This week’s Torah portion is ‘Nasso’ (Numbers 4:21 – 7:89), meaning “to lift up.” It is the longest portion in the entire Torah. Among the topics discussed in Naso are the priestly duties, purity of the camp, the unfaithful wife, Nazirite law, the priestly blessing and more.
This week’s Torah reading, Naso, discusses the Nazirite (“Nazir” in Hebrew), a person who adopts a number of stringencies in striving for a higher level of holiness. The primary restrictions are that he is forbidden to consume wine, he must allow his hair to grow and he may not have anything to do with the dead. (The latter restriction is binding on all Kohanim, those from the Priestly tribe, as well.)
The Torah does not promote asceticism, which is why the lifestyle of the Nazirite is not for everyone, nor is it recommended! Such a lifestyle is only for the select few who wish to limit their physical pleasures in order to emphasize the spiritual. Wine, for example, is not an absolute necessity, and hair is often the gateway to vanity and physical attraction.
The Talmud tells the story of the only Nazirite from whom Shimon Hatzadik [Shimon the Righteous], the High Priest, would accept sacrifice. Shimon Hatzadik asked him why he had decided to accept such a restrictive lifestyle. The young man answered that he realized that he was an exceptionally handsome man, due primarily to his hair, and that he had become obsessed with his appearance and with impressing others. He felt that he needed to accept certain restrictions in order to keep himself from focusing on such a superficial aspect.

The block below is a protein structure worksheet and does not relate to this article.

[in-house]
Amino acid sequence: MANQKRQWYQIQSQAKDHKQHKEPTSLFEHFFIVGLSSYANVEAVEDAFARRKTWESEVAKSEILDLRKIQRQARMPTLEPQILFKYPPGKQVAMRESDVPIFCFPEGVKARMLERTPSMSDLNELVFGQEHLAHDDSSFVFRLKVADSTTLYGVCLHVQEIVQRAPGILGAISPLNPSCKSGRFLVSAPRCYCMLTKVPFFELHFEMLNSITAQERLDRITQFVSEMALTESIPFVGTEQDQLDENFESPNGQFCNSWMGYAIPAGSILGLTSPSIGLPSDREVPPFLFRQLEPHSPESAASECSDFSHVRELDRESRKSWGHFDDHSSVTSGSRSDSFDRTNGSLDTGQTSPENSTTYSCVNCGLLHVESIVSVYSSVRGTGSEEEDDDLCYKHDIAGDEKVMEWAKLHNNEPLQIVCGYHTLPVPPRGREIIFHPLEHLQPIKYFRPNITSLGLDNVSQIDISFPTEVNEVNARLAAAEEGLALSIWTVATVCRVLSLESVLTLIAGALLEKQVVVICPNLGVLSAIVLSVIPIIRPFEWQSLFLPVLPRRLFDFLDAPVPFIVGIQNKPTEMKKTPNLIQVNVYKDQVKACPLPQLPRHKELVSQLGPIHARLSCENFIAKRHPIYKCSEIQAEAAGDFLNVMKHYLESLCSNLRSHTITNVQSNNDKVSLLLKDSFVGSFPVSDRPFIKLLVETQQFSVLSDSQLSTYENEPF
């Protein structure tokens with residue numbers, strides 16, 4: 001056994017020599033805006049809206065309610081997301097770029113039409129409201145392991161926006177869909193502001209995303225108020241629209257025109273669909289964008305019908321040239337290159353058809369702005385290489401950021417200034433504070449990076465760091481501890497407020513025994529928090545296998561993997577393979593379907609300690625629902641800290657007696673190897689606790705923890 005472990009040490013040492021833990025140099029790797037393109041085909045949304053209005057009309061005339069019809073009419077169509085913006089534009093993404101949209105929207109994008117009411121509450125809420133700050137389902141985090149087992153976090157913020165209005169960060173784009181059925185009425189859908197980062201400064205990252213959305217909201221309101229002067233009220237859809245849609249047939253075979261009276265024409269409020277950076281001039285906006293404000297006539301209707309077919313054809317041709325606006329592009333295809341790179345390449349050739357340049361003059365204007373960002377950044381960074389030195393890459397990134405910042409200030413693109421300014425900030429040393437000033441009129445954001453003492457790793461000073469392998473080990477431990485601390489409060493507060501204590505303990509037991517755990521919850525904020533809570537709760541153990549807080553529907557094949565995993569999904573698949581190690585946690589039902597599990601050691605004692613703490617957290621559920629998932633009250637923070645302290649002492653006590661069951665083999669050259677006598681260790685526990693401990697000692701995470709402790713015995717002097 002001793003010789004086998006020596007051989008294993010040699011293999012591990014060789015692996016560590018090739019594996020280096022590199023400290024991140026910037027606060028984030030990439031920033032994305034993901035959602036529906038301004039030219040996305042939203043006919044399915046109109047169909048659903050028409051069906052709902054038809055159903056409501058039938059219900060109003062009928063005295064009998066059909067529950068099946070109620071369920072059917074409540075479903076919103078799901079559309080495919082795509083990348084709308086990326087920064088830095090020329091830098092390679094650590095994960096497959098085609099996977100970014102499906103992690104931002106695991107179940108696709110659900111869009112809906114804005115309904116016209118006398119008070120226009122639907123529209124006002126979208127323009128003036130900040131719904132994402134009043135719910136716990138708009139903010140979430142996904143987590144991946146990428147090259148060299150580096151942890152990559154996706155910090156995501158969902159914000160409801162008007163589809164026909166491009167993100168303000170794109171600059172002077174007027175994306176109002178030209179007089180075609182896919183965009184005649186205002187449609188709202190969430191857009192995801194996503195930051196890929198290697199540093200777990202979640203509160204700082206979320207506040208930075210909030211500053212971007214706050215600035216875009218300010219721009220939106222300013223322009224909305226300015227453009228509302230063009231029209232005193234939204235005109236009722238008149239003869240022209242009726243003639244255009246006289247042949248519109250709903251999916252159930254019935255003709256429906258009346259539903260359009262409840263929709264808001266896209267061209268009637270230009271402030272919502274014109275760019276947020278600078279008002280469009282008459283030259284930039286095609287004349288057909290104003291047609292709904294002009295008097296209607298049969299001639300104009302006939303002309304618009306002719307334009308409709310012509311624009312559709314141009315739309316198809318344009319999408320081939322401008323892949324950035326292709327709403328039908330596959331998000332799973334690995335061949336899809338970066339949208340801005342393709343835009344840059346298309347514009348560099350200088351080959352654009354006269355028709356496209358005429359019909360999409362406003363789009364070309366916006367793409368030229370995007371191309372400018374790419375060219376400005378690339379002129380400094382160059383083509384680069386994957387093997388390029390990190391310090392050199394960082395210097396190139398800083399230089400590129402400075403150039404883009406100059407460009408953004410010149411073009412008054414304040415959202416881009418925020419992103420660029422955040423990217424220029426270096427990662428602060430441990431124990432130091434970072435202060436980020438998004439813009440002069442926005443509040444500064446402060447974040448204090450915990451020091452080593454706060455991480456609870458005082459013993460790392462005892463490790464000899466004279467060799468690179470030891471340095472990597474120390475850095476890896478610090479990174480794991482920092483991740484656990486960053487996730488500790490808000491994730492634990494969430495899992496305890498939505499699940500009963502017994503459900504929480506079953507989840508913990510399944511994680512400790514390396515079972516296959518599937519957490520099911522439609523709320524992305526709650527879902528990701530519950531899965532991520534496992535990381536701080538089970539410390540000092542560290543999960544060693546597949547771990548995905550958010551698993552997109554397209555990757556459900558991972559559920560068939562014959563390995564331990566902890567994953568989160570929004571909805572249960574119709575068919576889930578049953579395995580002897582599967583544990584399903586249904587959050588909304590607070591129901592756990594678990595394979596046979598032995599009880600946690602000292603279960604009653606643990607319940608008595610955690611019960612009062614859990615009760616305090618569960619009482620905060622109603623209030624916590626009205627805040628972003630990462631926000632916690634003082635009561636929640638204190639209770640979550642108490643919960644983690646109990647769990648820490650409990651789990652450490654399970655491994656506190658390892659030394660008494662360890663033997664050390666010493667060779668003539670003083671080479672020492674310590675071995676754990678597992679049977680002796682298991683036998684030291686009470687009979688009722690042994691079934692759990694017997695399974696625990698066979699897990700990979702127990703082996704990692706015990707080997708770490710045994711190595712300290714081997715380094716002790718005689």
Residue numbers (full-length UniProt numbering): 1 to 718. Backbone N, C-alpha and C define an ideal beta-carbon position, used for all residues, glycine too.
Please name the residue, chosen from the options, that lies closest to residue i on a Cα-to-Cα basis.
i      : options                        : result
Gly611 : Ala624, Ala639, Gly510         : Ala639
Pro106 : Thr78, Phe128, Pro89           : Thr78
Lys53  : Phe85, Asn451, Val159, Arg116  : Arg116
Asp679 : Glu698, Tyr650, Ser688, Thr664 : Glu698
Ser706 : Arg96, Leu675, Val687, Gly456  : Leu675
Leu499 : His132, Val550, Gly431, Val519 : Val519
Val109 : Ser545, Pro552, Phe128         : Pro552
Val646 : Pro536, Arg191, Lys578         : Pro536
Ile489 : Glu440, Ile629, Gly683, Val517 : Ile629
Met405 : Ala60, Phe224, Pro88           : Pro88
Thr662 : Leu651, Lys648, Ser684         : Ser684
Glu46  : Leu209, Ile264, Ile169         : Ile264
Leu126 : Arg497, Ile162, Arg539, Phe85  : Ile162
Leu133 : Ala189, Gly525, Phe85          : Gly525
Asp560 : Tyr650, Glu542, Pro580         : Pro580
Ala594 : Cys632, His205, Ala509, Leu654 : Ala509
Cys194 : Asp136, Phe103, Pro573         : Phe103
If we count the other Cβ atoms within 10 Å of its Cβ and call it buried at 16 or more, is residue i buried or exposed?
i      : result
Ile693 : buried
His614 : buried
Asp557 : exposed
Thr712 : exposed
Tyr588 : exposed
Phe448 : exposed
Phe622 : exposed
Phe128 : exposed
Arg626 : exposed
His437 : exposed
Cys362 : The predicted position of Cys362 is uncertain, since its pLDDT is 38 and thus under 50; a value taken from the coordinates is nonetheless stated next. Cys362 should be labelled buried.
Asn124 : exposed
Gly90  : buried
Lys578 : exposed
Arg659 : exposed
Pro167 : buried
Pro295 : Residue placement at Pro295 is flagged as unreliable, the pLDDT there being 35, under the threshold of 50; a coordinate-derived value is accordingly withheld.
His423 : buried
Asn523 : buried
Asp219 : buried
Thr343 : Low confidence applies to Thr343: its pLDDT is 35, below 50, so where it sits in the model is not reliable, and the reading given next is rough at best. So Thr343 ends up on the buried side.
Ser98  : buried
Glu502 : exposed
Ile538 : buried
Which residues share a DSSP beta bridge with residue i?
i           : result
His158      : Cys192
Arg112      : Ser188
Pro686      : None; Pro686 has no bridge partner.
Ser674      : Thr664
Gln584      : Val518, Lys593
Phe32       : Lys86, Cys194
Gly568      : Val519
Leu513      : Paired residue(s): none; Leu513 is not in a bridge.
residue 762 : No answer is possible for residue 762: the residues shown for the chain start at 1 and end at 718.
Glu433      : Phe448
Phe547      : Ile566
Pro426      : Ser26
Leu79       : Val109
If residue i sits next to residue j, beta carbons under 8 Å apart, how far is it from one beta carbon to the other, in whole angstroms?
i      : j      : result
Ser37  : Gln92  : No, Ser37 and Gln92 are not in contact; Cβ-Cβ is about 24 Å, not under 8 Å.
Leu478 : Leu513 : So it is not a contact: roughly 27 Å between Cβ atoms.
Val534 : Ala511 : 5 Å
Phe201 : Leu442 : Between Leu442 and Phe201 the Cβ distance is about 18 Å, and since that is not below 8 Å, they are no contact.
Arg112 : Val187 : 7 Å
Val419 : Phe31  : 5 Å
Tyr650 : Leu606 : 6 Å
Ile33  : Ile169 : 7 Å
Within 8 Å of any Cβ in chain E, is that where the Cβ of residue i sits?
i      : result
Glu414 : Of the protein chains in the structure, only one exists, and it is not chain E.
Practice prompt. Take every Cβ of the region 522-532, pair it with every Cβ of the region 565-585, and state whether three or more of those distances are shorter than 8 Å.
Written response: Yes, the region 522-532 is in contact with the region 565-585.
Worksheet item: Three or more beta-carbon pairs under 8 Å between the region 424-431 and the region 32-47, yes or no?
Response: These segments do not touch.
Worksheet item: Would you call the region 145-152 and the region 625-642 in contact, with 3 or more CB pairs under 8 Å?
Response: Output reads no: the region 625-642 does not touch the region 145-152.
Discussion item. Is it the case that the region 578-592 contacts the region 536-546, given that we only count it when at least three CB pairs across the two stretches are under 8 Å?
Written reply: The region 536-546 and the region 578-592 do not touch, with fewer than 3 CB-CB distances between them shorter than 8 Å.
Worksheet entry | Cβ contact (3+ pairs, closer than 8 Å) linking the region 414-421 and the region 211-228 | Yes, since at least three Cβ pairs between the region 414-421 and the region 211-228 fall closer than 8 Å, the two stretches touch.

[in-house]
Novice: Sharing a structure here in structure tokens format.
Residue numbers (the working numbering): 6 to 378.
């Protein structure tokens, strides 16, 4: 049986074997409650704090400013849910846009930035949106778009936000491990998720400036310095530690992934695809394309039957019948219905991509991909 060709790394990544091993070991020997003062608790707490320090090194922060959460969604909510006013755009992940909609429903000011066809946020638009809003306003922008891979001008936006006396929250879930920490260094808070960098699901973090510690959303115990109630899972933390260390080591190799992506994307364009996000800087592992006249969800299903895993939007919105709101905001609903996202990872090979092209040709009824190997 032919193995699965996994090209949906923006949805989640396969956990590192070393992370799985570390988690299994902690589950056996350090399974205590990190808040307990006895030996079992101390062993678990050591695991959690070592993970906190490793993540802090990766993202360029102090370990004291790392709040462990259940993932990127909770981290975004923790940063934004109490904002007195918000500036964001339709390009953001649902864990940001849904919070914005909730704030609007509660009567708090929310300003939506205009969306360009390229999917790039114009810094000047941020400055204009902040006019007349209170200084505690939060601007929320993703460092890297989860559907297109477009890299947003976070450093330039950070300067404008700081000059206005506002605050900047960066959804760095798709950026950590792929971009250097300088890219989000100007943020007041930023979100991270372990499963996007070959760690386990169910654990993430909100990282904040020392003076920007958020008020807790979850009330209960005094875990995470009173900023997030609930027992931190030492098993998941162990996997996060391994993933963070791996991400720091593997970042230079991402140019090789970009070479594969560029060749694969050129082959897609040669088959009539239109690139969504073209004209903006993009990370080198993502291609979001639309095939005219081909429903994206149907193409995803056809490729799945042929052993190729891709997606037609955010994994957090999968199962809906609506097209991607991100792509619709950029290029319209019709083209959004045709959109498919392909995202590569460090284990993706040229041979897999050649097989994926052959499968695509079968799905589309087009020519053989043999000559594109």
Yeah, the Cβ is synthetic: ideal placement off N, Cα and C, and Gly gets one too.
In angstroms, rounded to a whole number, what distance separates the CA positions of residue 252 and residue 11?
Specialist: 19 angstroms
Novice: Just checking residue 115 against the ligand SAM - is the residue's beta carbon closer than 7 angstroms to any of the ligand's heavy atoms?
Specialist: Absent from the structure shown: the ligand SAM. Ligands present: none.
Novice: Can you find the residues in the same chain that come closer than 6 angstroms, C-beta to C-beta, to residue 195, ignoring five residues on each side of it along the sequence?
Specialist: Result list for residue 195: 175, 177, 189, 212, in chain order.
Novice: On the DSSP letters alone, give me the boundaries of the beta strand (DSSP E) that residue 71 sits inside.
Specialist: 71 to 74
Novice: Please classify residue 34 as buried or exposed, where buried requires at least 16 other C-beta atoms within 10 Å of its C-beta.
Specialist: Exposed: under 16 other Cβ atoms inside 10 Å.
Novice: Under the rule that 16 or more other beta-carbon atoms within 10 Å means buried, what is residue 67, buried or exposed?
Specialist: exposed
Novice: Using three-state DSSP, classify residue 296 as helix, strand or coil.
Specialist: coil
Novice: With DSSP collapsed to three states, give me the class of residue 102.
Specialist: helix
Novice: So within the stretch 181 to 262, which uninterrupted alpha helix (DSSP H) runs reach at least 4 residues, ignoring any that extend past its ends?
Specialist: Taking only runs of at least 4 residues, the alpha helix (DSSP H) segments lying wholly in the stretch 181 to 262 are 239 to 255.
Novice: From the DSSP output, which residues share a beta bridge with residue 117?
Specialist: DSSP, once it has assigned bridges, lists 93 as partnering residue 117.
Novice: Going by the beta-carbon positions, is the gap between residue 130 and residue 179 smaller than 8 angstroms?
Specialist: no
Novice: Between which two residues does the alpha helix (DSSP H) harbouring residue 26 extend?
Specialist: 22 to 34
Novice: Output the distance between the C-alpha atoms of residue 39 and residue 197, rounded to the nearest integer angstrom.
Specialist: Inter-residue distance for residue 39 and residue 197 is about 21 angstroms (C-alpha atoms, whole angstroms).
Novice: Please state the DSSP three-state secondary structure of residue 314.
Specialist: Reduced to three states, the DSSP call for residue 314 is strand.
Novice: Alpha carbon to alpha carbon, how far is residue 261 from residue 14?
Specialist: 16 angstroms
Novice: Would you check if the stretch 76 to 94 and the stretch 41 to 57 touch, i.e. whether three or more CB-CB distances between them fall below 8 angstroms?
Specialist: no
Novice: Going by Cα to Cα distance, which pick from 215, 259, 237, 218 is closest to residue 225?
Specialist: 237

So, too, when a person ceases to live as a Nazirite, his hair must be shaved to the scalp. This was yet another safeguard to prevent the individual from becoming overly concerned with his physicality.
It is noted that society is not comfortable with someone who has wildly long and unkempt hair nor with a person with a completely shaved head. The common denominator between the two is that they are both radical opposites and diminish a person’s appearance.
Believe it or not, the Talmud and commentaries assert at length that although such a stringent lifestyle is offered in the Torah, it is actually one that God frowns upon. It is inherently a form of extremism. It is not ideal. It is not desired. It is only for those who feel they need it in order to maintain a healthy level of spirituality. Most of us should be able to maintain a required level if spirituality without having to resort to restrictive lifestyles.
This is the lesson: The Torah opposes extremism! The Torah wants us to adopt Aristotle’s “golden mean” (which is elaborated upon at length by the Rambam – Maimonides, the great 12th-century sage.) Enjoy wine….in moderation. Keep a well-groomed but modest hairstyle. Don’t get carried away with extremism for the sake of spirituality. You are already custom-made and factory-programmed by the Creator to achieve holiness and connection to God without the need for radical lifestyles. The Nazirite has his place in Judaism, but it is only for those who need it. For the rest of us, enjoy your wine…just remember to thank God for it before and after you drink it. L’chaim!